Words of good luck
The Words Of Error
Three errors there are, that forever are found
On the lips of the good, on the lips of the best;
But empty their meaning and hollow their sound--
And slight is the comfort they bring to the breast.
The fruits of existence escape from the clasp
Of the seeker who strives but those shadows to grasp--
So long as man dreams of some age in this life
When the right and the good will all evil subdue;
For the right and the good lead us ever to strife,
And wherever they lead us the fiend will pursue.
And (till from the earth borne, and stifled at length)
The earth that he touches still gifts him with strength!
So long as man fancies that fortune will live,
Like a bride with her lover, united with worth;
For her favors, alas! to the mean she will give--
And virtue possesses no title to earth!
That foreigner wanders to regions afar,
Where the lands of her birthright immortally are!
So long as man dreams that, to mortals a gift,
The truth in her fulness of splendor will shine;
The veil of the goddess no earth-born may lift,
And all we can learn is--to guess and divine!
Dost thou seek, in a dogma, to prison her form?
The spirit flies forth on the wings of the storm!
O, noble soul! fly from delusions like these,
More heavenly belief be it thine to adore;
Where the ear never hearkens, the eye never sees,
Meet the rivers of beauty and truth evermore!
Not without thee the streams--there the dull seek them;--No!
Look within thee--behold both the fount and the flow!
Astrophel and Stella: XCII
Be your words made, good sir, of Indian ware,
That you allow me them by so small rate?
Or do you cutted Spartans imitate?
Or do you mean my tender ears to spare,
That to my questions you so total are?
When I demand of Phúnix Stella's state,
You say, forsooth, you left her well of late:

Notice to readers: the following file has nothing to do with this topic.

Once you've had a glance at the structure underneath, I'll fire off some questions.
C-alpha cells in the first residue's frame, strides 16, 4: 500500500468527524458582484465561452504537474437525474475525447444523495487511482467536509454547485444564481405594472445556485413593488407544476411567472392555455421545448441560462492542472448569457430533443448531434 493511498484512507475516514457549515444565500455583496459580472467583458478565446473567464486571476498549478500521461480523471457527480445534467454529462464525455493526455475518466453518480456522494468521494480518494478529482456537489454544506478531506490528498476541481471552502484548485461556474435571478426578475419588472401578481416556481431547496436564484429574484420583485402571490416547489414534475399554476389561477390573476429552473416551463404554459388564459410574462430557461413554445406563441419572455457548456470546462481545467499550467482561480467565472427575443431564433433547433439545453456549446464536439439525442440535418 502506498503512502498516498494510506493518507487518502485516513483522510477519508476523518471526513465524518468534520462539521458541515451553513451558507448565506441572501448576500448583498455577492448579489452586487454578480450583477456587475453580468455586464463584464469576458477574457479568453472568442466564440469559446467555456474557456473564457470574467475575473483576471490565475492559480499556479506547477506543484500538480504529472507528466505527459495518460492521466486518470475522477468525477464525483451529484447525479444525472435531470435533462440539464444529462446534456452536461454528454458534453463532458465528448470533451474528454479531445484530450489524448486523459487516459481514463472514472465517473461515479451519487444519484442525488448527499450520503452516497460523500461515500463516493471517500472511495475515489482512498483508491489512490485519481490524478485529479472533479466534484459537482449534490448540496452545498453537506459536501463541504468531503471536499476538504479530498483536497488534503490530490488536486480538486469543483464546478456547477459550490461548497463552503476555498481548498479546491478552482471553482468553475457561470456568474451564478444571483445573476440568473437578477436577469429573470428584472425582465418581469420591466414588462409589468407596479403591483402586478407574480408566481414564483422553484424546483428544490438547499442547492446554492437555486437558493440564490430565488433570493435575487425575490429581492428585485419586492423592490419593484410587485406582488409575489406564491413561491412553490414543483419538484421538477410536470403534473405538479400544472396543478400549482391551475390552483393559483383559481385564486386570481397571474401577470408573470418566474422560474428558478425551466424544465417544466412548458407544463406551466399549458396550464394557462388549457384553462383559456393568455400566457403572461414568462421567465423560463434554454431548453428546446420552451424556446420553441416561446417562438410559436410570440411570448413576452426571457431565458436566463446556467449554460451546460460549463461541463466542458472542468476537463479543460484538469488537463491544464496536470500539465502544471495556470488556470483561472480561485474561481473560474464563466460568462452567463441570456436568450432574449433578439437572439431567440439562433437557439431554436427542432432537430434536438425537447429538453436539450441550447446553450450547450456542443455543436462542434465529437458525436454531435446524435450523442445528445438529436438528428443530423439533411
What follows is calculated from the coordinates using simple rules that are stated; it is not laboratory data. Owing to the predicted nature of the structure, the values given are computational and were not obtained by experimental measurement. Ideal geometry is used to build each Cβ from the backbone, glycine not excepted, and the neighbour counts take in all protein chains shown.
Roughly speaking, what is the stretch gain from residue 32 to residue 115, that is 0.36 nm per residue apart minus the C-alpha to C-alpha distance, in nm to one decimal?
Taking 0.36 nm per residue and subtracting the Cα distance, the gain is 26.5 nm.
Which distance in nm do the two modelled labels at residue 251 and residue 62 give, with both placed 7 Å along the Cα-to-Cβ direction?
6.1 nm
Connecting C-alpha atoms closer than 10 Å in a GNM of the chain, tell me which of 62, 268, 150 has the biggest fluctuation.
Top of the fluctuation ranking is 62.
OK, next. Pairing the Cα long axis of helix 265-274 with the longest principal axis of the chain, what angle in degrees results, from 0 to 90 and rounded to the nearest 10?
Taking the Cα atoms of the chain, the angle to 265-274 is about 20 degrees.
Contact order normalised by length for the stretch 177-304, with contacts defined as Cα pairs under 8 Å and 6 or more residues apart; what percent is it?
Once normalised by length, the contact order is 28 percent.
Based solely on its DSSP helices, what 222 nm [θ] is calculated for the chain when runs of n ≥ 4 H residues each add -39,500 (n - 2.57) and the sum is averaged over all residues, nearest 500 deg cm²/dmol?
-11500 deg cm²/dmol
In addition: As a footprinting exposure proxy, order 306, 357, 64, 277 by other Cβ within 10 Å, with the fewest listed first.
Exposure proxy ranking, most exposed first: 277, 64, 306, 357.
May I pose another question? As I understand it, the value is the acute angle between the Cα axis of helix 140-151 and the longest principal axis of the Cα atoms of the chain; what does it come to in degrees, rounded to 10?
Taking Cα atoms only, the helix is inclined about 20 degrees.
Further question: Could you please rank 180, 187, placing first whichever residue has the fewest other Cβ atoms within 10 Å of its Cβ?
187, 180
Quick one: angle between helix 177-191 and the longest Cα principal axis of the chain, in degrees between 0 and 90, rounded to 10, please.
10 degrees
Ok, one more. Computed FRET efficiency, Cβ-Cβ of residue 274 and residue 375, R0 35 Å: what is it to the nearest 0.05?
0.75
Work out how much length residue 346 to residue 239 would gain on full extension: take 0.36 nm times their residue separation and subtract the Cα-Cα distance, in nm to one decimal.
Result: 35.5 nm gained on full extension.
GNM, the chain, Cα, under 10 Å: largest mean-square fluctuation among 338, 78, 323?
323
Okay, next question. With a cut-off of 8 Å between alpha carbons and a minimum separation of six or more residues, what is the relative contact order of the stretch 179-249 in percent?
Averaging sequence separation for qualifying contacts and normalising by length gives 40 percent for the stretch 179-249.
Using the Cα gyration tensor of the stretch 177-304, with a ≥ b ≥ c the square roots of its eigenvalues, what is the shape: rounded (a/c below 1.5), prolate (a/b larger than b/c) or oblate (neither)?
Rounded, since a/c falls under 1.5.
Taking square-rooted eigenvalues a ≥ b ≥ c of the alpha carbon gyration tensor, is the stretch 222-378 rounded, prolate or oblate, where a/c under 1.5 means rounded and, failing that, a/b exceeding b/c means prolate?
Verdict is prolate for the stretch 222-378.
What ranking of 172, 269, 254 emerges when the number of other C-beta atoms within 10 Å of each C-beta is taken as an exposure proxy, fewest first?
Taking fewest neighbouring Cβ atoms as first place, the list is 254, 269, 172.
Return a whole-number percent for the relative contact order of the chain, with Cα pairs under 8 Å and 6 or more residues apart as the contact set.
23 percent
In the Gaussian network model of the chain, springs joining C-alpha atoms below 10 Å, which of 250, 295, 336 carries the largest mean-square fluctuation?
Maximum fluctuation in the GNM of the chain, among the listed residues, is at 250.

O God, think you that satisfies my care?
I would know whether she did sit or walk;
How cloth'd, how waited on; sigh'd she, or smil'd;
Whereof, with whom, how often did she talk;
With what pastime time's journey she beguiled;
If her lips deign'd to sweeten my poor name.
Say all; and all well said, still say the same.
O me, what eyes hath Love put in my head,
Which have no correspondence with true sight!
Or, if they have, where is my judgment fled,
That censures falsely what they see aright?
If that be fair whereon my false eyes dote,
What means the world to say it is not so?
If it be not, then love doth well denote
Love's eye is not so true as all men's 'No.'
How can it? O, how can Love's eye be true,
That is so vex'd with watching and with tears?
No marvel then, though I mistake my view;
The sun itself sees not till heaven clears.
O cunning Love! with tears thou keep'st me blind,
Lest eyes well-seeing thy foul faults should find.
- Favourites: 5
It would be good to give much thought, before
you try to find words for something so lost,
for those long childhood afternoons you knew
that vanished so completely --and why?
We're still reminded--: sometimes by a rain,
but we can no longer say what it means;
life was never again so filled with meeting,
with reunion and with passing on
as back then, when nothing happened to us
except what happens to things and creatures: